“Yeah, that party.” I was never going to be able to explain that actually spending a couple of hours nonverbal was a perfectly good way for me to enjoy a party and I didn’t regret it one bit. “Anyway,” I went on to Bart, “like I said, don’t get your hopes up, but at the same time be prepared for things to change. Depends on the lawsuits, too, of course, but it’s the first time there’s been positive energy coming from that direction in a long time.”
“Gotcha,” he said. “Should I tell Chris?”
“Yes. I’d tell him myself but things are going downhill with Claire right now and I have to get back to the hospital. Also, talk to Carynne who may have talked more to Barrett?”
“She’s in town for the whole week. Maybe we can all have dinner or something. Ooh. Michelle’s mother taught me to make baklava.”
“You’re going to have baklava for dinner?” Maybe baklava wasn’t what I thought it was.
“No, but it’s helpful if people come over to eat it because the recipe makes a ton.”
“Aren’t you having a party, anyway?”
“Oh, that’s true. Yeah. Good point.” He chuckled at himself. “Well, I’ll let you go if you have to get back to the hospital. We miss you around here.”
“I miss you, too.” I had a feeling that regular jam sessions with Bart would be one way to get my fingers back in working order. “Say hi to everyone if we don’t make it back by the Fourth.”
“I will. Ciao bella.”
Ziggy lay down beside me and kissed me on the cheek. “You could use a shower, too.”
“Okay.” I went and ran myself under soap and water and then put on clothes. We were going to need to do laundry again soon. It was hot enough outside that any time we were out for more than a couple of minutes we got sweat-soaked, and sometimes it was just necessary to get out of the hospital.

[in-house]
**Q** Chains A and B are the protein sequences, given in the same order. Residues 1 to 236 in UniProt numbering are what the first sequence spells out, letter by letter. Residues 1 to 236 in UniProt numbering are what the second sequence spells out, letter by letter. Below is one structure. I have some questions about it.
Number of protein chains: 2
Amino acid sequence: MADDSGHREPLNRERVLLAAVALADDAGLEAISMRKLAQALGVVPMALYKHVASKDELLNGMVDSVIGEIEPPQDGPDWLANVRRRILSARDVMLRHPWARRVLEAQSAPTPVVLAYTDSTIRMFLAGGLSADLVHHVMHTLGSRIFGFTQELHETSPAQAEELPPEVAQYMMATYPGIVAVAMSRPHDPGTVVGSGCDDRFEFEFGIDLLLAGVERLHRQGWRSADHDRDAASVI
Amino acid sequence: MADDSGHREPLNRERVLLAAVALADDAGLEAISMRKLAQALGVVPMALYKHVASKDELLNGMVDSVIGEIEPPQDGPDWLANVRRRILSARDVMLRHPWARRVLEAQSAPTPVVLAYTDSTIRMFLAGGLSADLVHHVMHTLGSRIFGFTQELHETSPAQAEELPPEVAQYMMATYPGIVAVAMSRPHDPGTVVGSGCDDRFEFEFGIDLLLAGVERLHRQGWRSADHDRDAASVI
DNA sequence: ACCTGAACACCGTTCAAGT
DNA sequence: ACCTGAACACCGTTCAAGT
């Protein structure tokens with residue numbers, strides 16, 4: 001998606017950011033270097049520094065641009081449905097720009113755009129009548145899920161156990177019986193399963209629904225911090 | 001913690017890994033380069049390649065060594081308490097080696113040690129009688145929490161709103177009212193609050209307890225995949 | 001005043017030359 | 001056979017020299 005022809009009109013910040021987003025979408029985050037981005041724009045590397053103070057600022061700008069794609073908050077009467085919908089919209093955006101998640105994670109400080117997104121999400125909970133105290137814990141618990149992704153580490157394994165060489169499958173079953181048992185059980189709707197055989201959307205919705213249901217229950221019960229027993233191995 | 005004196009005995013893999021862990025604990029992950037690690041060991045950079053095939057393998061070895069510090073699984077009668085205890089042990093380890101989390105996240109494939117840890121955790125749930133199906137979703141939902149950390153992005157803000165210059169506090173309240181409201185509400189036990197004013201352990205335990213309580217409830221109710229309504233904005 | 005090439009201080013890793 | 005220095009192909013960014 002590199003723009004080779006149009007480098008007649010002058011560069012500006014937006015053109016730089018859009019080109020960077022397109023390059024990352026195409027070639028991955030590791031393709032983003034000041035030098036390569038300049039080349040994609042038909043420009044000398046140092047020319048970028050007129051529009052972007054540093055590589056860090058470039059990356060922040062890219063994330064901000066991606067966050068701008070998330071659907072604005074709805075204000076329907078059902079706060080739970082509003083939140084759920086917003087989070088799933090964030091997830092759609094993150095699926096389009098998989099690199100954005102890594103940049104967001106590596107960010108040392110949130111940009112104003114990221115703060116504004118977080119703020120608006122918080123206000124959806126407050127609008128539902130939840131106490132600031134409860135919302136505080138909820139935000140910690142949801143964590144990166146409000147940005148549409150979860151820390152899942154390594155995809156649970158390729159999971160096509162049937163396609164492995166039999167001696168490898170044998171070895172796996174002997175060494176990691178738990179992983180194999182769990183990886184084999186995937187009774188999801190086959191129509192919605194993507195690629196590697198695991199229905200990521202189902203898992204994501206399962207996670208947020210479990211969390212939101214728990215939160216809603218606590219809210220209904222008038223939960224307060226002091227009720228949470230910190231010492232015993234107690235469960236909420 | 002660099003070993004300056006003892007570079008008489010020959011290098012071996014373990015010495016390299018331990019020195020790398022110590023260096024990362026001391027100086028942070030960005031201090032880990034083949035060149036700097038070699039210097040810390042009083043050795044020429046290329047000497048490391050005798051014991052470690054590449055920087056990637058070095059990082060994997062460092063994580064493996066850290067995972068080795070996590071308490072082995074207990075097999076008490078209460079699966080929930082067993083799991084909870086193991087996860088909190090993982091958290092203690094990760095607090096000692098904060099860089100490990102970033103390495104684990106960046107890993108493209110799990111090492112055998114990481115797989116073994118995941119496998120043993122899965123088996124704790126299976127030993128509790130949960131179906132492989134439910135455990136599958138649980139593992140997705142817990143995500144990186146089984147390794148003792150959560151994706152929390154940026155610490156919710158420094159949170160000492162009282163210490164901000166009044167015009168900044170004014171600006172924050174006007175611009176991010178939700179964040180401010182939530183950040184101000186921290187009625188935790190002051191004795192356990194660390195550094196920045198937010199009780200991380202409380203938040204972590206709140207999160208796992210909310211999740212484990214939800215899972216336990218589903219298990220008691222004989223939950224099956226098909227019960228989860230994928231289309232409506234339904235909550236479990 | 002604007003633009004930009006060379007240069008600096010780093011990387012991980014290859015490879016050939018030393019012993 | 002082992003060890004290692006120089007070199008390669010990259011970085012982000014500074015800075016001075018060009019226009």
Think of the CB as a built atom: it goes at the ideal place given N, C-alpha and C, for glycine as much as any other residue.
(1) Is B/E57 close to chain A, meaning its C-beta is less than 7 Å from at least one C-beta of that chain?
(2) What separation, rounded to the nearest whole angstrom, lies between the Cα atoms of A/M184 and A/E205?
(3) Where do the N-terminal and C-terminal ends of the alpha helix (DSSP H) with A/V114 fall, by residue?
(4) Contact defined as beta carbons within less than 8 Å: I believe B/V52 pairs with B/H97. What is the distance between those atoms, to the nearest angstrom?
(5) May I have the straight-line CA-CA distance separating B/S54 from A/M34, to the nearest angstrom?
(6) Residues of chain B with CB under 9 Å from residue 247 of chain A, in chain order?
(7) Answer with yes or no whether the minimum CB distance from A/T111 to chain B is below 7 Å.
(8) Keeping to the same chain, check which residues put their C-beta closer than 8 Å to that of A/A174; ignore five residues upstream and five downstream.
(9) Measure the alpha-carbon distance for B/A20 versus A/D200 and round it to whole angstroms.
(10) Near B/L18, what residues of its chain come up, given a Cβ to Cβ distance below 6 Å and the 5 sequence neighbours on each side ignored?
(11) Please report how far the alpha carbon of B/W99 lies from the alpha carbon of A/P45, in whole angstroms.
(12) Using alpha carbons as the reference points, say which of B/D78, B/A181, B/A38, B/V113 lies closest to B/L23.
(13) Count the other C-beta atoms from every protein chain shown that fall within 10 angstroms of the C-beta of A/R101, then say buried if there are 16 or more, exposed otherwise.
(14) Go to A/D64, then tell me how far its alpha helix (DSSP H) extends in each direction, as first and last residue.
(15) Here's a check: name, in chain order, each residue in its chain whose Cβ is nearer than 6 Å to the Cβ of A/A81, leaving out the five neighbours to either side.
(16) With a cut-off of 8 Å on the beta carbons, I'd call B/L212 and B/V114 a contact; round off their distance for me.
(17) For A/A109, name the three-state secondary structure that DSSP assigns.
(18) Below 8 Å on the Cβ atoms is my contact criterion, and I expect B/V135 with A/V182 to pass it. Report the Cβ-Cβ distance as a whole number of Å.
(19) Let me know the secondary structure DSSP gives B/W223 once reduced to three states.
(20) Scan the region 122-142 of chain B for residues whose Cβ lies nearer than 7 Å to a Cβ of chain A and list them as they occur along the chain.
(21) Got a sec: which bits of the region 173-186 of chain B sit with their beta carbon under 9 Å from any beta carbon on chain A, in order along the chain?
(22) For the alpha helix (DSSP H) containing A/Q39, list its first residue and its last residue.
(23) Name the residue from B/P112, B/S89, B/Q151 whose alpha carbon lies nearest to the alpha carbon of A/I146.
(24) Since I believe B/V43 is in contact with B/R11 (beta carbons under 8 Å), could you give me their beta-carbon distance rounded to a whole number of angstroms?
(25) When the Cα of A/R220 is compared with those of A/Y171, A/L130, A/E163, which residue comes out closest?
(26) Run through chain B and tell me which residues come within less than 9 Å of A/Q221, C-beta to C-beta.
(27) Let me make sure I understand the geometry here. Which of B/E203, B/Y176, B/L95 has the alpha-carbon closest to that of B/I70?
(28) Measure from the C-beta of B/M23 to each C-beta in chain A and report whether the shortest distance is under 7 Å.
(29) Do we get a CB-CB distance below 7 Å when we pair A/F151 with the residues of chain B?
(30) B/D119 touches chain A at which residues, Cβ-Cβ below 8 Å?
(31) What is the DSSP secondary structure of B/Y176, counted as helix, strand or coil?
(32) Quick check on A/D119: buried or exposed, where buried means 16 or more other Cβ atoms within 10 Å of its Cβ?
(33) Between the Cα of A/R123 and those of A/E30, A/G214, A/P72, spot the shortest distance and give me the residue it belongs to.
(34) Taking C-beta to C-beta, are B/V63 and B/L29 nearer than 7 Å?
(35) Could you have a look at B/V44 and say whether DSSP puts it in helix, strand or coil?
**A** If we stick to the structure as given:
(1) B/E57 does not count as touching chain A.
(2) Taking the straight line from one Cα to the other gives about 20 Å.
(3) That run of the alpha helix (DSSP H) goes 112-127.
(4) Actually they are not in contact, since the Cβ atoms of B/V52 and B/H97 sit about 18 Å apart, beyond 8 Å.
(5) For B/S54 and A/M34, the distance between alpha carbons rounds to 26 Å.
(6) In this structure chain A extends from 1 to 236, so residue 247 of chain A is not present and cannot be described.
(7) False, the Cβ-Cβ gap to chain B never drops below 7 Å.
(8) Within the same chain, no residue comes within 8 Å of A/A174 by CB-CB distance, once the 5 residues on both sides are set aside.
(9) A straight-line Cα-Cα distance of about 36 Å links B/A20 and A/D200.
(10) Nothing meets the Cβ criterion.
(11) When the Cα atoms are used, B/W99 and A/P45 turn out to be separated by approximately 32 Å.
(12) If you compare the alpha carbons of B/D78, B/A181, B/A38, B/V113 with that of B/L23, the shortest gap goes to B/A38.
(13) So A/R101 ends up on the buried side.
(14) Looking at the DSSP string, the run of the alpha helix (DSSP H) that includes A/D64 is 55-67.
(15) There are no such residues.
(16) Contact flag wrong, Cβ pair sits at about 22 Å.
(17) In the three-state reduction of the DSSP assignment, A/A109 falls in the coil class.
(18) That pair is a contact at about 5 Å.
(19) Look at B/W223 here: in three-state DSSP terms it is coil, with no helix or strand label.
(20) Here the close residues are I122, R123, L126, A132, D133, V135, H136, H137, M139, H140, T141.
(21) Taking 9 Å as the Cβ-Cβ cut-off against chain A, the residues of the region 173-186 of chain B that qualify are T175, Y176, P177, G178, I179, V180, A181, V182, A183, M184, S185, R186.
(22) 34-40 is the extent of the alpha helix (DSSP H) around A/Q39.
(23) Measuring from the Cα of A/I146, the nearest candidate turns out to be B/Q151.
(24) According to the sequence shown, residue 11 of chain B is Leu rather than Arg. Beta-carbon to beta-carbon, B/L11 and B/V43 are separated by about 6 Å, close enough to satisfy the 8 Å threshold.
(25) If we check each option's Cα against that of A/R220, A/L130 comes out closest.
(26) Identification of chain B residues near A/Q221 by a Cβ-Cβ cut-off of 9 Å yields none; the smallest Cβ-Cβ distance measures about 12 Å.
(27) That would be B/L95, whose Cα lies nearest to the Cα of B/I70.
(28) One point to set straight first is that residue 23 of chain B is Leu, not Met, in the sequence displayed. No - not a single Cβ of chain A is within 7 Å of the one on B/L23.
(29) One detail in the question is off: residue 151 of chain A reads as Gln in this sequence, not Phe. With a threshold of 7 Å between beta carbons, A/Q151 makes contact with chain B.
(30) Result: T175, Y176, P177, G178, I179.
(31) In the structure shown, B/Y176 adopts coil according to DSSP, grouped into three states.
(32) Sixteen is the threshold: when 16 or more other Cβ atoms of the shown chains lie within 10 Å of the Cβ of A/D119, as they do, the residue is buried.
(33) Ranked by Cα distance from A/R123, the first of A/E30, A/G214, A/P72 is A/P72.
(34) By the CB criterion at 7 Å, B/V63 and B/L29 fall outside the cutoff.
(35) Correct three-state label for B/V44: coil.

It was night by the time we got to the hospital. We’d fallen asleep in the late morning and it must have been about sunset when we woke up. We stopped for a quick dinner on the way in and I noticed the flyer for a July 4th fireworks display tacked up by the cash register.
Ziggy pointed at it. “We should go to this. If we’re not in a crisis, I mean.”
It was at some lakefront park. “You think?”
“Yeah. Nobody gives a fuck who we are around here.”
Which was mostly true. Remo was more likely to be recognized than I was, and Ziggy could go into stealth mode: the general public mostly didn’t recognize him if he wasn’t made up. “You’ll have to remind me when it’s actually July 4th, then,” I said.
“I will, dear one.” He was in super-stealth mode that day, meaning hair flat, no makeup, and wearing entirely my clothes. Yet somehow he still managed to look more like a European skin care consultant than a car mechanic. Something about the lithe grace he carried himself with.
We got a rack of baby back ribs to go in case anyone was really hungry for non-hospital food when we got there, and then we headed in.
When we arrived, a blonde woman smoking a cigarette was being shooed away from the entrance by a hospital worker, complete with shooing motions and emphatic pointing at the sign attached to the outer wall saying No Smoking with 50 Feet.
The woman was puffing aggressively and saying, “Look, if you want me to move you’ll have to stop talking to me or I’ll have to just keep standing here, where you keep telling me I’m not supposed to be.”
The worker, who was a black woman in a cardigan sweater (it was hot outside, but chilly in the air-conditioning inside), threw up her hands and went back in, loudly proclaiming, “I don’t know what kind of selfish bitch endangers the health of every person in a hospital, but…”
But there she was. My oldest sister, Lilibeth.